Learn how to end codependency in relationships and create healthy boundaries.
Addiction can fuel many dysfunctional relationship patterns. One of those patterns is codependency. So, what is the difference between being supportive and helpful to a partner who struggles with addiction and being a codependent partner? It can sometimes be hard to tell unless you know what to look for.
What Is Codependency?
Codependency is a term to describe an unhealthy relationship. If you are in a codependent relationship, you may sometimes go against yourself in order to please your partner. Your needs and desires come second to your partner’s needs.
People who are codependent usually end up doing a lot of “caretaking,” which is likely why this dynamic is so prevalent in addiction relationships. Physical and mental abuse commonly occurs in codependent relationships. However, abuse does not need to be present for codependency.
This dynamic is largely overlooked or unaddressed by the parties participating because its subtleties are buried under the drama of addiction. A person may fall into a codependent relationship because they get a sense of worth from "fixing" or "taking care" of someone in need. A partner with an addiction may feel that they can’t function without the help of their codependent partner. As a result, the two motivations fuel an unhealthy dynamic. Codependency perpetuates the addiction. That is why it is important to address this problem if it exists in your relationship.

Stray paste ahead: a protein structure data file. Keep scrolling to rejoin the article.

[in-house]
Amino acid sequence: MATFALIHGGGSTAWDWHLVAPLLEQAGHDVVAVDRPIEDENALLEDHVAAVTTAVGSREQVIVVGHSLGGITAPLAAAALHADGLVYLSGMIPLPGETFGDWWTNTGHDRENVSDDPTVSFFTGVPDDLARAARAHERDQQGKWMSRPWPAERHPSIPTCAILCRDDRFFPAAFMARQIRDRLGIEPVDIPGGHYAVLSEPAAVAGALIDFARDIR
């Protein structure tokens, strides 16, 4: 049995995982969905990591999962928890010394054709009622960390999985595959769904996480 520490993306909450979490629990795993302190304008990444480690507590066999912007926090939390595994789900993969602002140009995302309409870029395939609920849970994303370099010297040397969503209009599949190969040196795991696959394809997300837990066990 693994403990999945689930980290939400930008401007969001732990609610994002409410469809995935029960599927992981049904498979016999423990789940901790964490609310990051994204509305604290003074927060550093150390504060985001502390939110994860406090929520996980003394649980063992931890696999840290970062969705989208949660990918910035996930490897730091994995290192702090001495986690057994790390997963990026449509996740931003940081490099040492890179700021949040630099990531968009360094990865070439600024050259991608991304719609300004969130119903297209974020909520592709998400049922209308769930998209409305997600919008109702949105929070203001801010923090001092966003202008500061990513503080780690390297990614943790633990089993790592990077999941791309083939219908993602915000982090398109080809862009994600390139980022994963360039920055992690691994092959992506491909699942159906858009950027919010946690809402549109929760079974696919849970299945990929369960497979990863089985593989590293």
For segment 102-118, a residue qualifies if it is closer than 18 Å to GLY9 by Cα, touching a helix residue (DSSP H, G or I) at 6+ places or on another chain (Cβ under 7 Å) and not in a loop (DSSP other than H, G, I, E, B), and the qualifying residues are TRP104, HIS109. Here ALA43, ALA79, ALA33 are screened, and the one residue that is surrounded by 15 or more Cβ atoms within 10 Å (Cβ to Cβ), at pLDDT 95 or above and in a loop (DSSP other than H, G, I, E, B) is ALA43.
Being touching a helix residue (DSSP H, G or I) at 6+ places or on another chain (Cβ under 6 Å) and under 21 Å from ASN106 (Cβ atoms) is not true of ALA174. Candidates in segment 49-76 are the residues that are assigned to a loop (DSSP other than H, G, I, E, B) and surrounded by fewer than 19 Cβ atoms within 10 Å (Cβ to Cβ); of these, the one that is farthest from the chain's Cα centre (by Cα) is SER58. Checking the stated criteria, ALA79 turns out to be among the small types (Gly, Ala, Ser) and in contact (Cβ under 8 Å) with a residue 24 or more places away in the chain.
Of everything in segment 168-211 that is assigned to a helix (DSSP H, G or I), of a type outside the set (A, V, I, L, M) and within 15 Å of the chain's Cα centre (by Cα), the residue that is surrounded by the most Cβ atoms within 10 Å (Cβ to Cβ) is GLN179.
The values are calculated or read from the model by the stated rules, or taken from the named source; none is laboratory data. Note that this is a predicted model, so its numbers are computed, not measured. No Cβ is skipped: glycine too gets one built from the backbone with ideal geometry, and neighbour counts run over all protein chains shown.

Where Does Codependency Come From?
Many psychological experts believe that codependency is a learned behavior that is induced early on. Indeed, research suggests that codependency often originates from experiences within the family of origin.
Signs of a Codependent Relationship
Here are some common signs of codependency in a relationship:
Providing money to support a habit.
Denying the problem.
Avoiding conflict at all costs even if it means denying that there is even a problem.
Feeling responsible for your partner’s thoughts, feelings, and actions.
Making excuses to cover up your partner’s substance abuse. For example, calling in sick to work for them when they are hung over.
Saying “yes” to your loved one when you want to say no.
Providing care for the person when addiction symptoms present physically.
Putting your partner’s needs above your own. Neglecting your own self-care and needs.
Turning to drugs or alcohol to cope with the stress or dysfunction of the situation.
The Effects of Codependency
Codependency has many negative effects on both partners. It can cause the person who is doing the rescuing to feel extreme amounts of anxiety and emotional distress. Codependency can lead to alcohol and drug abuse, as well as eating disorders and other mental health problems.
A codependent relationship may be so consuming that all other relationships unravel. A person may even lose the ability to keep up with responsibilities outside of the relationship.